Research conducted by Wu Youyou, Michael Kosinski and David Stillwell of Cambridge University's Department of Psychology and the Stanford University Department of Computer Science, has validated a computer model that assesses their subjects' personalities based on their "generic digital footprint" (in this case, Facebook "likes"). The research employed a "five-factor model", a standardized set of personality traits which might be of interest to employers, among others. The traits include: Extraversion, Agreeableness, Conscientiousness, Neuroticism (sometimes named by its polar opposite, Emotional Stability), and Openness to Experience, all to determine whether a computer could do a better job at assessing personality traits better than human beings. From the abstract of their paper, boldly titled "Computer-Based Personality Judgments Are More Accurate Than Those Made By Humans":
Judging others' personalities is an essential skill in successful social living, as personality is a key driver behind people’s interactions, behaviors, and emotions. Although accurate personality judgments stem from social-cognitive skills, developments in machine learning show that computer models can also make valid judgments. This study compares the accuracy of human and computer-based personality judgments, using a sample of 86,220 volunteers who completed a 100-item personality questionnaire. We show that (i) computer predictions based on a generic digital footprint (Facebook Likes) are more accurate (r=0.56) than those made by the participants Facebook friends using a personality questionnaire (r=0.49); (ii) computer models show higher interjudge agreement; and (iii) computer personality judgments have higher external validity when predicting life outcomes such as substance use, political attitudes, and physical health; for some outcomes, they even outperform the self-rated personality scores. Computers outpacing humans in personality judgment presents significant opportunities and challenges in the areas of psychological assessment, marketing, and privacy.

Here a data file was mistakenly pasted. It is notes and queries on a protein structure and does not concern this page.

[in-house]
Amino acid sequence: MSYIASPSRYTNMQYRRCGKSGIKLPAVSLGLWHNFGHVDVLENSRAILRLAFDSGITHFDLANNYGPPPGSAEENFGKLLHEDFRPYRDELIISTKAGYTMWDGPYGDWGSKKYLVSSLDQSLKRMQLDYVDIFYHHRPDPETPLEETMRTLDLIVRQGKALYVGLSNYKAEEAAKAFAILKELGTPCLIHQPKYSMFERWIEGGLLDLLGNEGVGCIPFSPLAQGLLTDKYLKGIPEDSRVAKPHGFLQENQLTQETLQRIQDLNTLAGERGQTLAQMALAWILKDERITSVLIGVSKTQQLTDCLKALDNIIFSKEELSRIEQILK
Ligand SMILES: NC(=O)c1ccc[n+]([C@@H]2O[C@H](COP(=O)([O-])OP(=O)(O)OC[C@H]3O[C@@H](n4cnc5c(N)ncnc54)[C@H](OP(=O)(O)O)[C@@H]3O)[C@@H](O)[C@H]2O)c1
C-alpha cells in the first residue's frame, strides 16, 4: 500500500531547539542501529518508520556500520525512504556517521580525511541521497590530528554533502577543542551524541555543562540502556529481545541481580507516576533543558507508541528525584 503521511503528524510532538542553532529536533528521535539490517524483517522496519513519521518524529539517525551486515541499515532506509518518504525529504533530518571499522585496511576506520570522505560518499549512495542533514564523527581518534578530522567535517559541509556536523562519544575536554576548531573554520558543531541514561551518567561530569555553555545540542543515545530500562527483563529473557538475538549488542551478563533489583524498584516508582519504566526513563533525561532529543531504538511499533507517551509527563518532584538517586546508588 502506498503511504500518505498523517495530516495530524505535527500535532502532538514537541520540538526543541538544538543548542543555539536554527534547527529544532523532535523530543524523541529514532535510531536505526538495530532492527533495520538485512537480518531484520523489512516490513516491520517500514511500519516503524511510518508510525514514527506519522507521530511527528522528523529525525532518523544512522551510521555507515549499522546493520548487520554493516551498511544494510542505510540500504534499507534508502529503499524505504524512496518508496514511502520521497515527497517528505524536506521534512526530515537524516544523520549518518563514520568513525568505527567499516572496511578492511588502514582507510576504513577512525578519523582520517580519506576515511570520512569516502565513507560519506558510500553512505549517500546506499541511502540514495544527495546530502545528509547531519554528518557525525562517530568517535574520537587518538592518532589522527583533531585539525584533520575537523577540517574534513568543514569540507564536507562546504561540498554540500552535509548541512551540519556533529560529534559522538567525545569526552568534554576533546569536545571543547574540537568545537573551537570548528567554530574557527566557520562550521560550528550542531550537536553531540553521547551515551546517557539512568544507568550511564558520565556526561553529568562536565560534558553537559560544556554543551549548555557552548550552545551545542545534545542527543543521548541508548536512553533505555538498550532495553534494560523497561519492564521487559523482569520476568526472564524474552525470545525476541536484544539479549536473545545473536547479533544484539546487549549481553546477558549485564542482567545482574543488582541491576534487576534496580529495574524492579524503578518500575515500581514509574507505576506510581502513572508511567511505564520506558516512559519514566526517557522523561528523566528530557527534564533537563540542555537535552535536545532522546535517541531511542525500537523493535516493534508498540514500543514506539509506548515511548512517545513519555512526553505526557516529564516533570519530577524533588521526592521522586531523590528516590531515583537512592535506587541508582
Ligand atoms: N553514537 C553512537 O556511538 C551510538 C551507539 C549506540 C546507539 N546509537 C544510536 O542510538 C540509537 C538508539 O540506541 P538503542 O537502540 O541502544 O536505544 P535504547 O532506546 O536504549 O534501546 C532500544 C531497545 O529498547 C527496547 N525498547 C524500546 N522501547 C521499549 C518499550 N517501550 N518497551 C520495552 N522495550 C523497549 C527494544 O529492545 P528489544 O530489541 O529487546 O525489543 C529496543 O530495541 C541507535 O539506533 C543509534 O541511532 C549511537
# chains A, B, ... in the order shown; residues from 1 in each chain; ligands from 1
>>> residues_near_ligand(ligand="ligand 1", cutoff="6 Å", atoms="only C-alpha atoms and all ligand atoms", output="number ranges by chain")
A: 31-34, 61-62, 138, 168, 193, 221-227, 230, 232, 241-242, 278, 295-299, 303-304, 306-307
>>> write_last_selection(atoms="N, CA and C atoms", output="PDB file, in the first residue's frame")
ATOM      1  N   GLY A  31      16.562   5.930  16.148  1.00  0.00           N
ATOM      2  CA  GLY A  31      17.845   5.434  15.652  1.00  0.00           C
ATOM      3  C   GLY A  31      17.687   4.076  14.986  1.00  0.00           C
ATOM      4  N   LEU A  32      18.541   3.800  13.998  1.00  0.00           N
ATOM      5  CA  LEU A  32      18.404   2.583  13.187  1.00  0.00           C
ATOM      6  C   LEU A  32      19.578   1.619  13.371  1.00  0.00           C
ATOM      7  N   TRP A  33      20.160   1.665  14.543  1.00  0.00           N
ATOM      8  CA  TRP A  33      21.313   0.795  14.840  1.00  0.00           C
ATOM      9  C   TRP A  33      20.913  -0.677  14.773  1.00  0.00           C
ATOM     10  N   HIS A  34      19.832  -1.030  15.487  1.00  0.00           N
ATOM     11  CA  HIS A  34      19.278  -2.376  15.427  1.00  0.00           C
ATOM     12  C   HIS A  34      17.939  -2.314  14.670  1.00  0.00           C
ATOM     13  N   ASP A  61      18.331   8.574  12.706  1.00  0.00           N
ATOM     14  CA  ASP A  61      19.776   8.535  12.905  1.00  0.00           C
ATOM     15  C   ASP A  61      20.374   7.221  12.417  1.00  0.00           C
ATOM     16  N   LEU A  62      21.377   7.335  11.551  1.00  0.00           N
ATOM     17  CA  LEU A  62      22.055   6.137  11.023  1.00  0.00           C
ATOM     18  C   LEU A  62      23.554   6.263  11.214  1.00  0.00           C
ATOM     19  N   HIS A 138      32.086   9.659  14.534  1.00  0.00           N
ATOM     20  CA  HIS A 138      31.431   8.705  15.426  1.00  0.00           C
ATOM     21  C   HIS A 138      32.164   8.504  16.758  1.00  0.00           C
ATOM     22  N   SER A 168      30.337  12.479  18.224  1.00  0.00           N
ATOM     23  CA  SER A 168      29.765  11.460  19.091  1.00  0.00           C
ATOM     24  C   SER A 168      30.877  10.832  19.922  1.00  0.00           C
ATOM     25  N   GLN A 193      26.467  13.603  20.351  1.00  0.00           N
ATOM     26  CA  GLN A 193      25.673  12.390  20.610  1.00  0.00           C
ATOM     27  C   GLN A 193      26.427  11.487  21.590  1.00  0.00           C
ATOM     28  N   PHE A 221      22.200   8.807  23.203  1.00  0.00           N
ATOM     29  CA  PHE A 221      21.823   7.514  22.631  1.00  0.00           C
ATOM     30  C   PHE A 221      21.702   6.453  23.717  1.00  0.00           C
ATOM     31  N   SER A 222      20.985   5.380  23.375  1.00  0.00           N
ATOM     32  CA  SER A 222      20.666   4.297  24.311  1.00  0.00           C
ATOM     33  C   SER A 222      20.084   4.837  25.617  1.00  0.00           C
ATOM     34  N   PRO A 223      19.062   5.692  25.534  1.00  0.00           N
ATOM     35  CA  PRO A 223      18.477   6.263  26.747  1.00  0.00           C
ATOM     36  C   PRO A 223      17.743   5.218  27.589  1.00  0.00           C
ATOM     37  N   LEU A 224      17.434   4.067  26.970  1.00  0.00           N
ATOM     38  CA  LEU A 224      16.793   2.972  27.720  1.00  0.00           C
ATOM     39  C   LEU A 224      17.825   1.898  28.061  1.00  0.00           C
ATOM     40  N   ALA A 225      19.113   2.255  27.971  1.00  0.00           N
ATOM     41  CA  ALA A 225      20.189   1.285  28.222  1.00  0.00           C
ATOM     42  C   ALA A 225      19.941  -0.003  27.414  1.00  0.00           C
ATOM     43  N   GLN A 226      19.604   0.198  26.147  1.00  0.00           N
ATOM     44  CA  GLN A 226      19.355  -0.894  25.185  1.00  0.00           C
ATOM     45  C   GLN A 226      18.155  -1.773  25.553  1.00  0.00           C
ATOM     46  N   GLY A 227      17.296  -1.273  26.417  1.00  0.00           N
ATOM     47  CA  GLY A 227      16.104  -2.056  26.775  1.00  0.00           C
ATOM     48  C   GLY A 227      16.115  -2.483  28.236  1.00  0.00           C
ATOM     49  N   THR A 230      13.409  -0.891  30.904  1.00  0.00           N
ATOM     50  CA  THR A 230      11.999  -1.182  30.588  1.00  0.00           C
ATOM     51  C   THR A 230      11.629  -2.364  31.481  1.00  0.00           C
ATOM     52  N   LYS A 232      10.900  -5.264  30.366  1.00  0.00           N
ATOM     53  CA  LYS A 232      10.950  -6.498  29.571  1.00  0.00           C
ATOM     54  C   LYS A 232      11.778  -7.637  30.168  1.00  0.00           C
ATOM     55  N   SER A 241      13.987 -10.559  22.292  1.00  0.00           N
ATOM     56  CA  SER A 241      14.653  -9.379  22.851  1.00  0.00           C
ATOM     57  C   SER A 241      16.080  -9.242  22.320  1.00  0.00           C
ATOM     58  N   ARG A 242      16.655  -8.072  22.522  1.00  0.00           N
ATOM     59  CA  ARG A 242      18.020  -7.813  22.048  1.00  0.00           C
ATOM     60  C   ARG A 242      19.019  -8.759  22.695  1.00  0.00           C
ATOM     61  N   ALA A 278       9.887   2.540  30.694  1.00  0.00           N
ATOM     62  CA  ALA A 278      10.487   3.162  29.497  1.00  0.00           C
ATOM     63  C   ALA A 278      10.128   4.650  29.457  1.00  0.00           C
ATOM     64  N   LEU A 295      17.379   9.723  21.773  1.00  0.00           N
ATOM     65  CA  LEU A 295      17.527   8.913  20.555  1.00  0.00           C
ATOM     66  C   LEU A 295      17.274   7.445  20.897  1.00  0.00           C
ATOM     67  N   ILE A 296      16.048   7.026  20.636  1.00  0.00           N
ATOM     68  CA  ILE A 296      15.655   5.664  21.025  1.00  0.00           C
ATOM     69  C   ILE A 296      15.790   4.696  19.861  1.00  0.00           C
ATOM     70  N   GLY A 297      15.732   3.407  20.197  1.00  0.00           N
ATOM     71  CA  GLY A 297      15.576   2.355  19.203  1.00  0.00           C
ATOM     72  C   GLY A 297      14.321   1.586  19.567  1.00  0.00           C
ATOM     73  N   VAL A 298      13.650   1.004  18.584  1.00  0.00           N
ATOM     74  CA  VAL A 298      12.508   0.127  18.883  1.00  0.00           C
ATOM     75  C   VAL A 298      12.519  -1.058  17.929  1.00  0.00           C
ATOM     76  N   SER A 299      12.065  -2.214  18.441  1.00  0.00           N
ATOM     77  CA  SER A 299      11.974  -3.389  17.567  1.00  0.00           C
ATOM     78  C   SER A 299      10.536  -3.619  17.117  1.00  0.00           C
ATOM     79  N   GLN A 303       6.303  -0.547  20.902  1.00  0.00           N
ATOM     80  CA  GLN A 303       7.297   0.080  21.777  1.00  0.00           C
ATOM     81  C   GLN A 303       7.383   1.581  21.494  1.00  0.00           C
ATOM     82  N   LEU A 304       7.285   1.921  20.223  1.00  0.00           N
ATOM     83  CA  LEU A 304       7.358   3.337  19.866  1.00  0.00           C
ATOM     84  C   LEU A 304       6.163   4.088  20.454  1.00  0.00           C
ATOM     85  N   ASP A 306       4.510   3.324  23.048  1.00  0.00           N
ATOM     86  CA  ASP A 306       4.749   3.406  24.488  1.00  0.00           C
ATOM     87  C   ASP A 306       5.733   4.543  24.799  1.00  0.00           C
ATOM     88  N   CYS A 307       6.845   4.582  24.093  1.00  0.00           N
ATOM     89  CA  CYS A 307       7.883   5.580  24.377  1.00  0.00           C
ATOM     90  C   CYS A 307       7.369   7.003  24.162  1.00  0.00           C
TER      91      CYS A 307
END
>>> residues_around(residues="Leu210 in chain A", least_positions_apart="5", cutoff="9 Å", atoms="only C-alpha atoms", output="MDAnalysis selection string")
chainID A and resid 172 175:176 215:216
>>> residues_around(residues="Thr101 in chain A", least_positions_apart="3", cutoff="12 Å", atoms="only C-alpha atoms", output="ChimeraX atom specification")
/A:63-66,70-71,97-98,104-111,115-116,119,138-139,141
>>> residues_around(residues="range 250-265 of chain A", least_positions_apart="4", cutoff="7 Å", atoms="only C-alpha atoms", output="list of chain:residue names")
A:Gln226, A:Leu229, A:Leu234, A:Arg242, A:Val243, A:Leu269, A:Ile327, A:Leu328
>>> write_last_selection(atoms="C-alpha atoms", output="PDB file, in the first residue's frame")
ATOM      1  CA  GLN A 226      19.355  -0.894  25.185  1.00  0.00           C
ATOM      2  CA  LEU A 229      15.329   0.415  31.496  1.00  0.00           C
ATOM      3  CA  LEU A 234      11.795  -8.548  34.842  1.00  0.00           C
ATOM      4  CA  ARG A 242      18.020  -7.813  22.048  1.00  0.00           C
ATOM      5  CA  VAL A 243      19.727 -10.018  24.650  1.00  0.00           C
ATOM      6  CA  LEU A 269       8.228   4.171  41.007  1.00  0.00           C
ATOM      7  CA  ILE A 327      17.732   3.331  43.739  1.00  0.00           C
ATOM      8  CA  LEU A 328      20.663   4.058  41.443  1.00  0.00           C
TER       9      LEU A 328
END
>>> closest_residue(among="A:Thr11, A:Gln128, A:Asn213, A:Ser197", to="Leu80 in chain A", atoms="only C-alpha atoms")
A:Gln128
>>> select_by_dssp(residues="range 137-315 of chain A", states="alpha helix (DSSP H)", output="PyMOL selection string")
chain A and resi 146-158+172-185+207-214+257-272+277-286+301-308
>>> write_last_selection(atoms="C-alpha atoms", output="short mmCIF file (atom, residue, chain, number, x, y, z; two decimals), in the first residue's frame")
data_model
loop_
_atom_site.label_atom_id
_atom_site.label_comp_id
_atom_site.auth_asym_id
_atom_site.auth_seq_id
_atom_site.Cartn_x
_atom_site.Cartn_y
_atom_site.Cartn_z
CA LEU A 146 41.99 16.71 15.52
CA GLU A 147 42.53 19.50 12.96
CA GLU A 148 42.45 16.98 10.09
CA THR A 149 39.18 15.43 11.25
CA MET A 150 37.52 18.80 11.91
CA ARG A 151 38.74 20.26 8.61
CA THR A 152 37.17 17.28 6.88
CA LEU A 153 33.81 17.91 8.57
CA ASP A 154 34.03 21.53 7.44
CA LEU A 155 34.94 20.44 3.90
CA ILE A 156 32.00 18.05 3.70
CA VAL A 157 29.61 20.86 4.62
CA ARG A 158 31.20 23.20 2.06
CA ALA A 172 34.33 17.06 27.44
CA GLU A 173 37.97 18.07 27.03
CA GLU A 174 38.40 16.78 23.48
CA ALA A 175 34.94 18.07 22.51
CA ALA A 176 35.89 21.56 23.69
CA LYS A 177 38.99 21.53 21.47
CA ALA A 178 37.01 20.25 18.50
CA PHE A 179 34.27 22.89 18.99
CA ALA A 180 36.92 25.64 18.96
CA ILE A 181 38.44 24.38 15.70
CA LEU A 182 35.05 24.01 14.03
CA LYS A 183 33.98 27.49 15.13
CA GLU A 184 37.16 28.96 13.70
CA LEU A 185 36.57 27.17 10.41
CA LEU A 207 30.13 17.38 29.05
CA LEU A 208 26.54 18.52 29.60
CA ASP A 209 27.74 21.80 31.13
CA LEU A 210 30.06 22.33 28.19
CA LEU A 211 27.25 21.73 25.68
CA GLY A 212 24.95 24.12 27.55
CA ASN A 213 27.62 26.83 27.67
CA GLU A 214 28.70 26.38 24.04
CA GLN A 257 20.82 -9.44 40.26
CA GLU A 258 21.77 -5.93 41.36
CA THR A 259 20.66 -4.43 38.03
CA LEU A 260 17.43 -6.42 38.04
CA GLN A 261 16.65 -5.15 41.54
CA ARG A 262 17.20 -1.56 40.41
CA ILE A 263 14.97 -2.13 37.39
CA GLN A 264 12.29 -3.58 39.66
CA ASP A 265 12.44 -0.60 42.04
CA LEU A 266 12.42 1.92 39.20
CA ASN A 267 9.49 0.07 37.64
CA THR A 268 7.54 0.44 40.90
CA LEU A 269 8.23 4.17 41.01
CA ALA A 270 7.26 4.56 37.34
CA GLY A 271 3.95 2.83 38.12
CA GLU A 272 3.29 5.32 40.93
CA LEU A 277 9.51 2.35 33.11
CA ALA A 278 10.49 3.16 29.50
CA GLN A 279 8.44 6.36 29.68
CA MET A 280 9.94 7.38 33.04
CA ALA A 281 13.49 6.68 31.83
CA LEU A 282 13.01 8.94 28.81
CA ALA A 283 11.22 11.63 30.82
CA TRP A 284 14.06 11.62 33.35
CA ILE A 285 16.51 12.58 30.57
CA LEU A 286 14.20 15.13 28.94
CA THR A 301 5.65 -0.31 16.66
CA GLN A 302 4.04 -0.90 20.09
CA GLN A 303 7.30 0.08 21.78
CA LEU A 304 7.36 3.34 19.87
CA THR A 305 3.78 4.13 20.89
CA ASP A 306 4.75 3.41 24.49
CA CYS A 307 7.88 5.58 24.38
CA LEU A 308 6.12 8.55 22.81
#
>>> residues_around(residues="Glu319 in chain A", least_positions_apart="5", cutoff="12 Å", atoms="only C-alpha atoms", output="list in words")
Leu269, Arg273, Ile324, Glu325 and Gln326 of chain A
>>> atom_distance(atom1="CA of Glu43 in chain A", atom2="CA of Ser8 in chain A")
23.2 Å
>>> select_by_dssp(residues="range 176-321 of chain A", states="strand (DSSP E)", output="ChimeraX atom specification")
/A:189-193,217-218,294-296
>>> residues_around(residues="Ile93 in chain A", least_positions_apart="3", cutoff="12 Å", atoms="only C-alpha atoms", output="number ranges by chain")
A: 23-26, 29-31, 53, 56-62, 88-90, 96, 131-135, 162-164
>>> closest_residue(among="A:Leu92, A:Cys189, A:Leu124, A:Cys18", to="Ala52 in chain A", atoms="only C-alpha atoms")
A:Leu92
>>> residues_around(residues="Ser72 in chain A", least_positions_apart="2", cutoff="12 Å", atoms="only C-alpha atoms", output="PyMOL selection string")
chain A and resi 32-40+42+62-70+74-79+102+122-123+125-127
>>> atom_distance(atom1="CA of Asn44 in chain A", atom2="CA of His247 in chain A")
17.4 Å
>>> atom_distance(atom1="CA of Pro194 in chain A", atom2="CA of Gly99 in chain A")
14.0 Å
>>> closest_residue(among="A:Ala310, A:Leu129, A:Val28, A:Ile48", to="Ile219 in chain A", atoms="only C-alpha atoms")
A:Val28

Of course, Facebook and other social media sites already practice a form of digital "predictive analytics," as the science is coming to be known, when they target advertisers based on your "likes" and interests as fed into their secretive, data-thirsty maw. And the researchers note that their findings may have an immediate practical impact as product sellers, dating services and other commercial ventures that rely on personality profiling to serve their customers may be the first to widely utilize such programs based on digital data trolled from the internet. Others
have written about "people analytics" in glowing terms as potentially "leveling the playing field" and promoting a more meritocratic hiring process. But like so many things digital, there is a dark side to all of this:
It has “the potential to completely change how we see the job market,” [Dr. Michael Kosinski, one of the paper's authors] said in an interview. Each person could get a computer-generated personality profile, and then prospective employers could search through the profiles for people whose personalities and skills matched their needs. Instead of posting a job and interviewing applicants, “you basically reach out to two or three people that match your profile.”
On a more prosaic level, this can be described as "taking the uncertainty out of hiring." The problem is that once these psychological assessments are collected, digitally, they never go away: